That does its job. The significant part of this scene is the interaction between Gideon and Taylem, not the funeral itself. However, this isn’t the opening scene of the book, so beginning in media res isn’t critical, and a scene that begins with very bare summary can have a very vague, ungrounded feeling. We know we’re at a mausoleum, and that it has a gate, but that’s pretty much it. You don’t need to describe the engravings on the stonework, or the exact color of the soil next to the mausoleum where the runoff from the roof has spilled down (though if you’d like to, I won’t judge)… but it’s generally a good idea to at least sketch out a physical location. Give your reader something concrete to picture.
Here’s the same scene from A Sword for Chaos, with a bit more scene-setting:
The next morning dawned quietly beneath the thick haze of a persistent fog. Tendrils of mist curled about the Keep mausoleum like a damp shroud as a line of Guardians gathered to consecrate Vadry to the Lady. Moss and crawling vines clung to the dark, damp stone. The domed ceiling was held aloft by pillars, and iron braziers flickered around the base of each one, casting long shadows and cutting through the morning chill.
After the ceremony concluded, Gideon and Taylem stood solemnly beside the mausoleum’s wide iron gate. The other Guardians departed to their duties. A handful of Brethren arrived to prepare for the interment of Taylem’s Watcher, the only recent death that had come about by natural causes.
“Have they announced Vadry’s death in the city?” Gideon asked.
That added about a hundred words to this scene, which doesn’t sound like a lot, but if you take the time to briefly set the scene every time you change locations, that wordcount starts to add up.
The exception to this is when you’re starting out in the middle of action. A Sword for Chaos has a scene that opens as someone is in midair, literally falling off a cliff. To stop at this point and comment on the color of the leaves and the specific time of day would be a little ridiculous. Use your judgement, and when the story allows it, paint a picture–even a brief one–for your reader.
Now, if you’re a gamer, like me, you’ve immediately started to think how to maximize your scene-setting…
3. Add locations
Two things, more than anything else, will add significant wordcount to a manuscript–more characters, and more settings. Assuming you’re just trying to plump up a sparse manuscript, and not looking for a major rewrite, adding new settings is going to be a lot easier than adding a new character.
The point isn’t to create entirely new scenes in order to populate these new locations, it’s to take scenes that are set in familiar or nondescript settings and take them somewhere new that makes sense within the context of your story. Phone conversation in the car on the way home from work? How about a grocery store, instead? Two characters having an important scene back at the apartment you’ve already described? Try a restaurant. The more new locations you introduce (rather than going back again and again to the same ones), the more opportunities you will have to make your novel feel more vivid and real… and get a few thousand extra words while you’re at it.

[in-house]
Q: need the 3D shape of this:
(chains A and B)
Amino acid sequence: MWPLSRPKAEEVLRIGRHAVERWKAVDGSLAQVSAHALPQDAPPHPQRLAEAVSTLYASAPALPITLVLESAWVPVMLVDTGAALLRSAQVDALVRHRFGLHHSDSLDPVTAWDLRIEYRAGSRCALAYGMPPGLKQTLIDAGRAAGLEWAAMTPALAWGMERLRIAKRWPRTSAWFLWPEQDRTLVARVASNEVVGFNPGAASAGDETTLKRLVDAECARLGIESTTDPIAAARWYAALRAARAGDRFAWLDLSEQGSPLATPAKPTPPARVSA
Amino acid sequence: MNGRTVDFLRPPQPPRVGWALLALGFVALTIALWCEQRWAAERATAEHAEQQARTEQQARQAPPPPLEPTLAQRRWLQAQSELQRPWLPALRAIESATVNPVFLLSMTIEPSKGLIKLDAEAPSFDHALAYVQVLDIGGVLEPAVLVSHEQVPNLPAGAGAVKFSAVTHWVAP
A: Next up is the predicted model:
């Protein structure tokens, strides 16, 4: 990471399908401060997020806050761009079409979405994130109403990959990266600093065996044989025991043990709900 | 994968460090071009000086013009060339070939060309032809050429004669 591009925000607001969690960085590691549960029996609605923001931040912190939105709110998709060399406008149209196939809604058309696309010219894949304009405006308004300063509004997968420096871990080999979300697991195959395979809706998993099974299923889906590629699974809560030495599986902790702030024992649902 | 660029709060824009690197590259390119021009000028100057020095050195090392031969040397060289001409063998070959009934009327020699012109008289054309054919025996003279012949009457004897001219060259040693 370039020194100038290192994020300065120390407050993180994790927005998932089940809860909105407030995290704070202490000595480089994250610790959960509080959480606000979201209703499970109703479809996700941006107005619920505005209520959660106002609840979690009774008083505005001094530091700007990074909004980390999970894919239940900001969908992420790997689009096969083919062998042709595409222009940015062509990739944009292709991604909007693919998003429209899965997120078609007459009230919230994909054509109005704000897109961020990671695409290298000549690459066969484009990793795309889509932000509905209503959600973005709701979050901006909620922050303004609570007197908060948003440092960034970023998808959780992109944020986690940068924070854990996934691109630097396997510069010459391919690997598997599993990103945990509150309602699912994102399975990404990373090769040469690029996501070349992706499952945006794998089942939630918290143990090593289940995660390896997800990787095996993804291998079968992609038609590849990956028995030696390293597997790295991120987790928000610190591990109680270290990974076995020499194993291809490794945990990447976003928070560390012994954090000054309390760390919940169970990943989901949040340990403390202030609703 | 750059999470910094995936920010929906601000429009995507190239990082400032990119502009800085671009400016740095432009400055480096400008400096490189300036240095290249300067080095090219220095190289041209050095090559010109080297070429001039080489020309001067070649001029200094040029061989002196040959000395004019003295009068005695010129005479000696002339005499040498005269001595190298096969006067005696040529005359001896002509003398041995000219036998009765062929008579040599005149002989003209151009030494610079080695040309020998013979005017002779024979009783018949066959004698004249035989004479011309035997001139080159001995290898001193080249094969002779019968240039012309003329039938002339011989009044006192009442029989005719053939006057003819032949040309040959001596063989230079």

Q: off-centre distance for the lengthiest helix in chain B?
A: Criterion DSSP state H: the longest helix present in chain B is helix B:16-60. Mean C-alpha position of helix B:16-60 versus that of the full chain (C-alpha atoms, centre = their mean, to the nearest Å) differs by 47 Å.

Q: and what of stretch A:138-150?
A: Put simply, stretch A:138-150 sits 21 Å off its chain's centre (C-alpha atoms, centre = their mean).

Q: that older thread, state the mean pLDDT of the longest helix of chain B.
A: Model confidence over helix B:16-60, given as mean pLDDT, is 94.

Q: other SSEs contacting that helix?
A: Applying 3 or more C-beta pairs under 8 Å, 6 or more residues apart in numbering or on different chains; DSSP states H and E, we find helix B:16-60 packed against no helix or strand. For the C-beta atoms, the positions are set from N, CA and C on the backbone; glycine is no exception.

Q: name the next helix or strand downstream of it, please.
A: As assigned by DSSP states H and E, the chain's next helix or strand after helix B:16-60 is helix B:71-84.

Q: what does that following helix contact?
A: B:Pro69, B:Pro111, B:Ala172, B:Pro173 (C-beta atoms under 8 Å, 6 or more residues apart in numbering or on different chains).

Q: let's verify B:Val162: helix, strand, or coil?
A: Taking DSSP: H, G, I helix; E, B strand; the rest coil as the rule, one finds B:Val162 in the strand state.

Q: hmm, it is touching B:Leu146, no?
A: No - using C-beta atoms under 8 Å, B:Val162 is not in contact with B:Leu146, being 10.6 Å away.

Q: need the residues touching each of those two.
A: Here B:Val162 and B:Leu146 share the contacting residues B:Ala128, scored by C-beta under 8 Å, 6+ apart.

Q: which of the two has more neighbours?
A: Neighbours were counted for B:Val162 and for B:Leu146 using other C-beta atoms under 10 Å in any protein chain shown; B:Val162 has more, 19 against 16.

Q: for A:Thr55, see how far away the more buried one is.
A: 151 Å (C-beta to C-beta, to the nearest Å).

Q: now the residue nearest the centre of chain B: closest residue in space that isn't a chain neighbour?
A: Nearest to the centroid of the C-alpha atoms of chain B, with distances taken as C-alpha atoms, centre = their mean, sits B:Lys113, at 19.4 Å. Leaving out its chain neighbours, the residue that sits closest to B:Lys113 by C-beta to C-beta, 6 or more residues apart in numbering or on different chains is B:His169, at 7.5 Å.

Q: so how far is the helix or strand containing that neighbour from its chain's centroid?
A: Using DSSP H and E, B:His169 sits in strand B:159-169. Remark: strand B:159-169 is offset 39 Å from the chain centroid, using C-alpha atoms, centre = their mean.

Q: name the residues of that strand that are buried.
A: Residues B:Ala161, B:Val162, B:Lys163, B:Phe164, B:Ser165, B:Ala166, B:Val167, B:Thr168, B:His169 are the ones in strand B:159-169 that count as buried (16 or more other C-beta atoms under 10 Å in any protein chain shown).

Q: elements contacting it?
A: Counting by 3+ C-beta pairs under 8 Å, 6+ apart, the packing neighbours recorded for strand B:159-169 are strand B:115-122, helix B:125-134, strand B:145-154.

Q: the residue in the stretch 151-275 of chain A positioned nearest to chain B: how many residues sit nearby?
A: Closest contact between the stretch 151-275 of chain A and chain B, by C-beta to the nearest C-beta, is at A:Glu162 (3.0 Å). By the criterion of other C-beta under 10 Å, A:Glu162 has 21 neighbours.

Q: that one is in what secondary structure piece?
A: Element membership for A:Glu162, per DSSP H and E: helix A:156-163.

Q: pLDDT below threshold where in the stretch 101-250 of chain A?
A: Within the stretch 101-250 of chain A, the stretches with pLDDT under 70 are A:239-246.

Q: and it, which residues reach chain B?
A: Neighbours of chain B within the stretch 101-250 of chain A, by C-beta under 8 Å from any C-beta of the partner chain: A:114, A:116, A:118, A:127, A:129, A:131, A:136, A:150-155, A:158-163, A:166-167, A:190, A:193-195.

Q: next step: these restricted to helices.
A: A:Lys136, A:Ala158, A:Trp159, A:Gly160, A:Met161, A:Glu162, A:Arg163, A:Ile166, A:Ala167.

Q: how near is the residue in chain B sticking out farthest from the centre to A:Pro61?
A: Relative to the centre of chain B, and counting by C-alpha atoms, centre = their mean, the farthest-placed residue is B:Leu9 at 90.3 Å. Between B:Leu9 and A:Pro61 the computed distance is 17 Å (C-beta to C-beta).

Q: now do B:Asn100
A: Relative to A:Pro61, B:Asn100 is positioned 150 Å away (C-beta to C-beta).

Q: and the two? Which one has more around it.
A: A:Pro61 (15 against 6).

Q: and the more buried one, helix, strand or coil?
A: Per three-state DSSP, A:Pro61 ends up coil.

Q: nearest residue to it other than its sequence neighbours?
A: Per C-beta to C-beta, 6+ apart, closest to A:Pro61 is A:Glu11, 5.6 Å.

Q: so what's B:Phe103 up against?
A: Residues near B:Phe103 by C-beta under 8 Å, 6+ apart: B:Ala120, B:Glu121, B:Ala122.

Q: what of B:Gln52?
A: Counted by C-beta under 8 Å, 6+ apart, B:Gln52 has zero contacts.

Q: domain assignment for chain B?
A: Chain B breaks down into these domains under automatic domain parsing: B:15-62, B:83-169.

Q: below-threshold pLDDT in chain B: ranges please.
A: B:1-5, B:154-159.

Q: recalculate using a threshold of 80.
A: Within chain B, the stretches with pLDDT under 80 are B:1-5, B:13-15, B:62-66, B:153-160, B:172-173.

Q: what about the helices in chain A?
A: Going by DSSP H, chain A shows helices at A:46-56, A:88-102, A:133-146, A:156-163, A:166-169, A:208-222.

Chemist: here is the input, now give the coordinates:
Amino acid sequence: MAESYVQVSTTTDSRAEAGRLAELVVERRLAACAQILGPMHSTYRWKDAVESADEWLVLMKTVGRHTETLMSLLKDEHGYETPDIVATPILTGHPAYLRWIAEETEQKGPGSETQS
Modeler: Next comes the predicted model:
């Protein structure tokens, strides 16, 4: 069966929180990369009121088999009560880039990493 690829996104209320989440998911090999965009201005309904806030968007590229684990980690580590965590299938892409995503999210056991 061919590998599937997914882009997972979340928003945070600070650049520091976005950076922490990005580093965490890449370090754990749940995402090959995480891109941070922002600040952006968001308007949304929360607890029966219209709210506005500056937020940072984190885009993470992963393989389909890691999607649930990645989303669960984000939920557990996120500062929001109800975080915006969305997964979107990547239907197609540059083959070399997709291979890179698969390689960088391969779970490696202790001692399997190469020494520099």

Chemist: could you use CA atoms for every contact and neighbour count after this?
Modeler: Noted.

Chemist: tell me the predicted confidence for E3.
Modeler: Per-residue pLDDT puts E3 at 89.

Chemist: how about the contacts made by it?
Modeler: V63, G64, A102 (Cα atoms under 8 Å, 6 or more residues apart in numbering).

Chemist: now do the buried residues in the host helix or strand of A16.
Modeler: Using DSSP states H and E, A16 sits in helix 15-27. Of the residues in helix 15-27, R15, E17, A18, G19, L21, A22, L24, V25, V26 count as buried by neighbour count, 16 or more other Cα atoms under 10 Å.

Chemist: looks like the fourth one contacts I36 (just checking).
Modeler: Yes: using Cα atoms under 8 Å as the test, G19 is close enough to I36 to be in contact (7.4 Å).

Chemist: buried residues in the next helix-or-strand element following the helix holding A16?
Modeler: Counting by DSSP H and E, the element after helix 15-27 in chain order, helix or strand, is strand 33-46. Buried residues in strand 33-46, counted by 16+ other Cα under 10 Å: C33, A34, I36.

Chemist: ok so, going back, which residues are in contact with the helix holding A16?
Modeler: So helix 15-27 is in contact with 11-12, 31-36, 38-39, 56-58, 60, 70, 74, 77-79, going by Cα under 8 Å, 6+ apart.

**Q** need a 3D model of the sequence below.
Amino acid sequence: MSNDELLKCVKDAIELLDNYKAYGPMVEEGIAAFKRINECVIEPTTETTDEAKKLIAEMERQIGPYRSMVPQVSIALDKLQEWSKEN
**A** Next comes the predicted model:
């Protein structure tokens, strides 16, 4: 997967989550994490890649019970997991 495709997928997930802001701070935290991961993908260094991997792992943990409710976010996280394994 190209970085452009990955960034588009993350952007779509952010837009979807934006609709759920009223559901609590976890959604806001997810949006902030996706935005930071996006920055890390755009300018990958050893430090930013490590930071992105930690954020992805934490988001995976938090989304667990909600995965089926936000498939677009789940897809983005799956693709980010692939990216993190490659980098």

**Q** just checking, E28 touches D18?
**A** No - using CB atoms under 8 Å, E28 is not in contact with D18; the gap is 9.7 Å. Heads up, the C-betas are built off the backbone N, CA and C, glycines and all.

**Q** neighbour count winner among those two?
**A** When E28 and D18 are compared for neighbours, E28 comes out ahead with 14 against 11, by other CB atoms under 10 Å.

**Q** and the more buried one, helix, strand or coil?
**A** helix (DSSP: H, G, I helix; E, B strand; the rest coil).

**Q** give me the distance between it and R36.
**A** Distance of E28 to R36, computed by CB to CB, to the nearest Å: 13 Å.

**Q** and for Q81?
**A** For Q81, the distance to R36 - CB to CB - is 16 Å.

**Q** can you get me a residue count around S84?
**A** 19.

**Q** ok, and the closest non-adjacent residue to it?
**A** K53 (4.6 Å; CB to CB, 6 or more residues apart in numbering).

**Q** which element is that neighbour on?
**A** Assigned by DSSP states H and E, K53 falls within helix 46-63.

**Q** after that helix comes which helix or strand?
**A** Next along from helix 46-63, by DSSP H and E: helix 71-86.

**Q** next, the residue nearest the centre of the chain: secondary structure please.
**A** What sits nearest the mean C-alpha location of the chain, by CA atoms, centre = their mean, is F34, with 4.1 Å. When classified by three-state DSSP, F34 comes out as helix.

Obviously, you don’t want your character to seem like she’s running around like a maniac, so these location changes need to feel natural to both character and story. You will most likely need to reuse some locales–people don’t tend to move house or change workplaces every day–but even when you’re returning to a familiar place, you don’t want to omit the details altogether. Take a line or two to remind your reader of where you are, and what that place looks like.
If you originally described someone’s apartment as being a complete mess (in more words than that, hopefully)… have your character kick aside an empty Chinese food carton when she returns, and maybe shove over a pile of unfolded laundry before sitting down.
If you’ve described the inside of the wizard’s tower in an earlier scene, with a crow on its perch by the window, a shelf full of old, dusty books, and a table full of alchemical equipment–just briefly remind us by having the crow caw at the viewpoint character as they enter the room, or make note of some dark liquid bubbling in a vial over a flame.
Now, I want to warn you… this is all going to feel a little weird when you first start doing it. The sentences and paragraphs will feel a little too long. And they might be. You might have blown past Hemingway and gone full Faulkner on your manuscript. Chances are that you haven’t, but since you’re used to writing short, any extra wordage is going to feel unnatural at first. For this very reason, keep this step as part of the edits, rather than trying to fold it into your drafting process. Get the first draft out just as you normally would, then look for the following:
Summarized events or conversations you can unpack.
Scenes you haven’t set.
Boring or too-familiar locations.
Pay attention to how authors you admire handle scene-setting, and how far they unpack their events. Eventually, you’ll get a feel for these things, and you’ll start writing them in the first time around, instead of ending up with a first draft that skipped leg day AND arm day AND all the other days…